Near its distal end, the guide sleeve 64 includes a window portion 78 formed from six support webs 80 which define slot-shaped windows 82. The purpose of these windows 82 is to allow the system operator to visually monitor the progress of the heater probe 15 through the probe guide assembly 17 when the probe guide assembly 17 is being held in the position illustrated in FIG. 3A by the end effector 19 of the system 1. Immediately below the window portion 78 of the guide sleeve 64 is a frustoconical coupling section 84 which has a relatively larger diameter than the neck portion 86 of the sleeve 64. As will be discussed presently, the frustoconical shape of the coupling section 84 is complementary in shape to the interior of the coupler 21 of the end effector 19 so that the coupler 21 may receivably capture it. Immediately below the coupling section 84 is the neck portion 86 whose outer diameter is narrower than the coupling section 84 and about the same as the outer diameter of the guide conduit 66. This neck portion 86 is detachably connected to the guide conduit 66 by means of the previously mentioned quick disconnect coupling 68 which is in turn formed from a connecting sleeve 88, a detent catch 90 and a fitting 92 in a conventional manner.
Turning now to FIG. 2A, 2B and 3A, the end effector 19 of the system 1 comprises a support plate 94 having a robotic arm coupler 97 which projects from its bottom surface, and a probe camera bracket 99 which projects form its top surface. The arm coupler 97 receives a robotic arm 23 which, as previously indicated, is preferably the arm of a ROSA type robot. The probe camera bracket 99 mounts a probe television camera 101 by means of mounting screws 103. The probe camera 101 is positioned within the end effector 19 so that it is optically aligned with the window portion 78 of the probe guide assembly 17 when the coupler device 21 of the end effector 19 is in operation. A transformer 105 is mounted on the end of the support plate 95 opposite the coupler 21 by screws 107 for powering the camera 101.
The coupler 21 is resiliently mounted onto the support plate 95 by means of coupler guide rods 109a,b which are circumscribed by a pair of compression springs 110a,b. Linear bearings 111a,b slidably mount the coupler device 21 onto the guide rods 109a,b, while the compression springs 110a,b bias the coupler 21 to its upper most position with respect to the rods 109a,b into abutment against stop washers 112a,b. The linear bearings 111a,b are housed within recesses 113a,b disposed in opposition to one another within an enlarged shoulder 115 that circumscribes a coupling member. As has been indicated previously, the coupling member 117 includes a cup-shaped interior 119 which is complimentary in shape to the frustoconical coupling section 84 of the guide sleeve 64. The coupling member 117 further includes an opening 121 along its distal wall which is large enough to easily receive the neck 86 of the guide sleeve 64 without mechanical interference. The enlarged shoulder 115 terminates in tapered guide surfaces 122a,b which flank the edges of the opening 121 in order to guide the neck 86 of a guide sleeve 64 into the opening 121 during the coupling operation. Finally, the end effector 19 includes a tubesheet camera 123 which is also mounted onto the support plate 95 by means of tubesheet camera bracket 125. The purpose of the camera 123 is to allow the system operator to properly align the guide bushing 70 of a probe guide assembly 17 into a position against the underside of the tubesheet by means of a robotic arm 23 connected to the end effector 19.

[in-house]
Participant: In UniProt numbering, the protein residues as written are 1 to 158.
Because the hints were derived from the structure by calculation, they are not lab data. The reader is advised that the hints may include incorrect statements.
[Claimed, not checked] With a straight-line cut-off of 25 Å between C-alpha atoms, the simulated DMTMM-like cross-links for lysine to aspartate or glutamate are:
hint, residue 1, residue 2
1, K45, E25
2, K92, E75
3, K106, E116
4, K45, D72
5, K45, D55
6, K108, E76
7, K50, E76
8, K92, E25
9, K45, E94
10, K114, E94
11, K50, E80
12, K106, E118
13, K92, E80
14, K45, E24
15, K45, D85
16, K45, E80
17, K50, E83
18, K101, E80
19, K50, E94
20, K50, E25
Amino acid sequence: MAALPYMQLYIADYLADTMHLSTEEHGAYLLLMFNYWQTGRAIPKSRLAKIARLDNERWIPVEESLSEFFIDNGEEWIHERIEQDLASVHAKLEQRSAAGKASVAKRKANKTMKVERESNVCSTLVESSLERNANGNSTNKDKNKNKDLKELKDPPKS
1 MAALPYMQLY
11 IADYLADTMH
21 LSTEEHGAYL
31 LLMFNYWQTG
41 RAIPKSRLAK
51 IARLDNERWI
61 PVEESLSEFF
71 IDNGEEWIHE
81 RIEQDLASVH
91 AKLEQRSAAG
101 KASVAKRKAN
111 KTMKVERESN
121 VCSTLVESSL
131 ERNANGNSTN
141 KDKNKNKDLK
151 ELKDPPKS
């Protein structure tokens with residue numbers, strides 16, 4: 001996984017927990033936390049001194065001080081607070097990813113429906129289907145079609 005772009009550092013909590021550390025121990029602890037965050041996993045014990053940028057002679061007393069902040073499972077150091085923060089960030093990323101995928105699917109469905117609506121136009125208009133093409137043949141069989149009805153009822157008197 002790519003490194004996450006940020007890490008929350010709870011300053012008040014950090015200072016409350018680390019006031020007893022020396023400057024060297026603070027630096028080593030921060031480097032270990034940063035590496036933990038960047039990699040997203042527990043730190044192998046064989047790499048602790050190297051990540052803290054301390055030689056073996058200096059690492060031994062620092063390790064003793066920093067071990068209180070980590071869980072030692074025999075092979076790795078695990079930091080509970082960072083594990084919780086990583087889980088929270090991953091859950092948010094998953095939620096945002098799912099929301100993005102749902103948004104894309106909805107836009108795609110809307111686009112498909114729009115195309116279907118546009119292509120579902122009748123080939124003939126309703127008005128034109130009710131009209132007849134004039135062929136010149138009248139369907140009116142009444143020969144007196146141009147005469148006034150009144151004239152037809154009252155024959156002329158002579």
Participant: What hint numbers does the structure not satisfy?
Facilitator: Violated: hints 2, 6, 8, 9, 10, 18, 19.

The method of the invention may be carried out by the operation of the system 1, and is best understood with respect to FIGS. 1, 3A and 3B. In the first step of the operation of the system 1, the system operator extends one of the three probe guide assemblies 17 into the manway 54 of the steam generator, and then proceeds to couple the coupler 21 of the end effector 19 onto the guide sleeve 64 of the probe guide assembly 17. This is done by manipulating the robotic arm 23 so that the neck 86 is received within the opening 21 in the wall of the coupling member 117, and by subsequently manipulating the arm 23 upwardly so that the frustoconical coupling section 84 of the guide sleeve 64 is captured within the complimentarily-shaped interior 119 of the member 117. The system operator 1 then proceeds to move the probe guide assembly 17 into the position illustrated in FIG. 3A so that the guide bushing 70 located at the distal-most end of the guide sleeve 64 is placed into abutment against the underside of the tubesheet 7 with the open end 5 of a heat exchanger tube 3 being received within the open end 72 of the bushing 70. It should be noted that this step of the operation of the system 1 is greatly facilitated by the vertical compliance afforded by guide rods 109a,b and biasing springs 110a,b which resiliently mount the coupler 21 with respect to the support plate 95, as well as by the lateral compliance afforded by the guide bushing 70, whose inner diameter at its open end 72 is significantly larger than the outer diameter of the open end 5 of the tube 3 being treated. The inner diameter of this open end 72 is made large enough to afford the maximum amount of lateral compliance possible while still maintaining alignment between the distal end of the heater probe 15 and the open end 5 of the tube 3 during the insertion operation. During this probe guide assembly positioning step, the system operator 1 primarily utilizes the tubesheet camera 123 for visual guidance.